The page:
Discrimination Against Transgender Residents Costs New York Million Each Year
For Immediate Distribution
May 7, 2013
LOS ANGELES— Employment and housing discrimination against New York’s transgender residents costs the state millions of dollars each year, according to a new study by Williams Institute Peter J. Cooper Public Policy Fellow and Manager of Transgender Research, Jody L. Herman. These costs include public assistance and housing expenditures, and lost income tax revenue.
“Discrimination harms individuals, but is also costs the state,” Herman explains. “New York would not only protect individuals by passing a state-wide anti-discrimination statute, it could also reduce the costs associated with discrimination.”
According to population figures from the 2010 Census, 23,800 New York transgender residents are not covered by local ordinances that prohibit discrimination on the basis of gender identity in employment, housing, public accommodations, and other areas. That number reflects 41 percent of New York’s total transgender population. In the study, Herman shows that taking measures to reduce discrimination against New York’s transgender population, such as a broad state-wide anti-discrimination statute, would have a positive impact on the state’s budget.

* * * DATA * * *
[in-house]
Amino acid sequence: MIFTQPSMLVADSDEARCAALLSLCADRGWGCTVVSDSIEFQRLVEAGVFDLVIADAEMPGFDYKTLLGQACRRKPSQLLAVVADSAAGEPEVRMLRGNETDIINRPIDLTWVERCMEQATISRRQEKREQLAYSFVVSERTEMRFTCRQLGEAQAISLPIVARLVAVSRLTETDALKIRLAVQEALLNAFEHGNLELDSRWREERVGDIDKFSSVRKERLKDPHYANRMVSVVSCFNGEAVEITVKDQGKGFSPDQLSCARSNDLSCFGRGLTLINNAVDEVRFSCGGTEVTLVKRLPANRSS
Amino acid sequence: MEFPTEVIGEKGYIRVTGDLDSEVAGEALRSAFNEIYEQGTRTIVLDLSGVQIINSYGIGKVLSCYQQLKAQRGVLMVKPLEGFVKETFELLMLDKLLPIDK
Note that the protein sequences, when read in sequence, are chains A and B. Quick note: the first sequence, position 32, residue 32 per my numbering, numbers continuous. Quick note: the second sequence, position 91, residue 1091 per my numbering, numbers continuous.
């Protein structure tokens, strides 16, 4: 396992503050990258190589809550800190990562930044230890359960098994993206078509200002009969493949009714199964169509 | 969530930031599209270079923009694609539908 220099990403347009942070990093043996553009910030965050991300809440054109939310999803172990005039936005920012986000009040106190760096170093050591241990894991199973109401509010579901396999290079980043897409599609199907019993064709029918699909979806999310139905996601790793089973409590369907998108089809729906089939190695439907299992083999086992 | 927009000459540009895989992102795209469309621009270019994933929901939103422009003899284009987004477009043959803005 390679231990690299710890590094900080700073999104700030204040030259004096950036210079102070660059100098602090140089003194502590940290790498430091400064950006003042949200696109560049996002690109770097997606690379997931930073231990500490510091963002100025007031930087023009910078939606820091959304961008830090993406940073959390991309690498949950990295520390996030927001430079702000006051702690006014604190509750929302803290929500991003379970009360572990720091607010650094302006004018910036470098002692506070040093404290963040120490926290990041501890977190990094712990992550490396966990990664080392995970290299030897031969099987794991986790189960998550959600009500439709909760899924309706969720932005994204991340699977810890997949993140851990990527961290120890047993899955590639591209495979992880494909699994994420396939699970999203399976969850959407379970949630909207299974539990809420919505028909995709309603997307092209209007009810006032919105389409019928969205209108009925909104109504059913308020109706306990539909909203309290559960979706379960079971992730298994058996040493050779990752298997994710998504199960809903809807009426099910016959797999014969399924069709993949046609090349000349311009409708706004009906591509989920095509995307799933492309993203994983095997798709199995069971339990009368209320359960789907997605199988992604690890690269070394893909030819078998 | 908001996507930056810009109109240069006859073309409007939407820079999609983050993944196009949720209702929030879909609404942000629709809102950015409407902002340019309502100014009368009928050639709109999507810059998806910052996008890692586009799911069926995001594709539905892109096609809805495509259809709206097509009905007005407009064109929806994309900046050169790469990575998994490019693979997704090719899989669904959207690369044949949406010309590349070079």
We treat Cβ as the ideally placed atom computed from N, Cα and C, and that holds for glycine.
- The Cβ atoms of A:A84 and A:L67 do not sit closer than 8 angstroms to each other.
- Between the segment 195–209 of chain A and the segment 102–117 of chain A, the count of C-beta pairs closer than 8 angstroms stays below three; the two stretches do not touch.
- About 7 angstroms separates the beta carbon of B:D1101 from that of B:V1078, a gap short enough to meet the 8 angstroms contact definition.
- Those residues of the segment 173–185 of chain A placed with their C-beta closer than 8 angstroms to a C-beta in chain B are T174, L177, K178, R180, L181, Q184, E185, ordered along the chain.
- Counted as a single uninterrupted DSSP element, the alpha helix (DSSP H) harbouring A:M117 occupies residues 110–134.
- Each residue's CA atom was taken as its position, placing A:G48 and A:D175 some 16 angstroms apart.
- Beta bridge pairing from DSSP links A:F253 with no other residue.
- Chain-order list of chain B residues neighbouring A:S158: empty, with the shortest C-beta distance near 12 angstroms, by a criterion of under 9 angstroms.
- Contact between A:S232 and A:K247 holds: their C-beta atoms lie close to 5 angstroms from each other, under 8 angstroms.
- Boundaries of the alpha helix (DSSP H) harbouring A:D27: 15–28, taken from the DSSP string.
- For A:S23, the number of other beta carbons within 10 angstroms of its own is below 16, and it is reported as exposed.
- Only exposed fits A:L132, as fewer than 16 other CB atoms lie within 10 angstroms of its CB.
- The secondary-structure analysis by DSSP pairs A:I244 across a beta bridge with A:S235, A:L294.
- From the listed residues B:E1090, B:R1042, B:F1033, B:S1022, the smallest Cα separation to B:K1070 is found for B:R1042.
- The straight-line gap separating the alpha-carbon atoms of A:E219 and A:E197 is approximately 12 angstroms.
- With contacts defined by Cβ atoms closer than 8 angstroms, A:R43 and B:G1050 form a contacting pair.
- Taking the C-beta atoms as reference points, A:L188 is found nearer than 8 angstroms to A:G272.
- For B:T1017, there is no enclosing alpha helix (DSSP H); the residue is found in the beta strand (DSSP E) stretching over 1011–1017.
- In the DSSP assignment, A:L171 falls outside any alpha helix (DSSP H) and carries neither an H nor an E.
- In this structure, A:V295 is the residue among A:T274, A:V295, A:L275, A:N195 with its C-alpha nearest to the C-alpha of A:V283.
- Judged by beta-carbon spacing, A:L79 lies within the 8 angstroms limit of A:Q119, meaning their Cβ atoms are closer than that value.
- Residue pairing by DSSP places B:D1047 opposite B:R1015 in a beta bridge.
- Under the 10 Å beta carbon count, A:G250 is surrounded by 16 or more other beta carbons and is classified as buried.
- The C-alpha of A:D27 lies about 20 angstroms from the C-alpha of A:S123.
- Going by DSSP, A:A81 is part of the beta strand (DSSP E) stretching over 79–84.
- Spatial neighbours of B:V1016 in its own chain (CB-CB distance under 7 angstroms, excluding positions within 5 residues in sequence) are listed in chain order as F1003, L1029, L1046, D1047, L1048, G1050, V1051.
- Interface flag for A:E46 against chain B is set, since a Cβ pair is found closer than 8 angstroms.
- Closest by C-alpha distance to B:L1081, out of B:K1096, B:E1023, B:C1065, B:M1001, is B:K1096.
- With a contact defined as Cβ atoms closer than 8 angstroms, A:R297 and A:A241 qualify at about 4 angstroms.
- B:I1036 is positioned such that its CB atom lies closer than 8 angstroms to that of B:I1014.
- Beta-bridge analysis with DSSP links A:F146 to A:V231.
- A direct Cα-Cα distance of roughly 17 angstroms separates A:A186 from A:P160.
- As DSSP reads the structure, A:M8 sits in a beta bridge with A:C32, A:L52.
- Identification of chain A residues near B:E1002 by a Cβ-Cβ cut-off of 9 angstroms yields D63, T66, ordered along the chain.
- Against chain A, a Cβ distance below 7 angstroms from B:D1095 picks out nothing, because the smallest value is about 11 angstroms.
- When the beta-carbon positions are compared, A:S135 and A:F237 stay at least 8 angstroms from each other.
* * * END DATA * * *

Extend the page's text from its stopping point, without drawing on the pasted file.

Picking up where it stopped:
Anti-transgender bias causes increased homelessness and increases the need for public healthcare coverage when transgender workers are fired because of it. Herman shows that such workplace discrimination costs the state more than $1 million in state Medicaid expenditures, and as much as $5.9 million annually in federal and state housing program expenditures. Moreover, if employment discrimination was reduced or eliminated, transgender workers would generate millions more in income tax revenues, in addition to reducing the housing and healthcare costs caused by discrimination.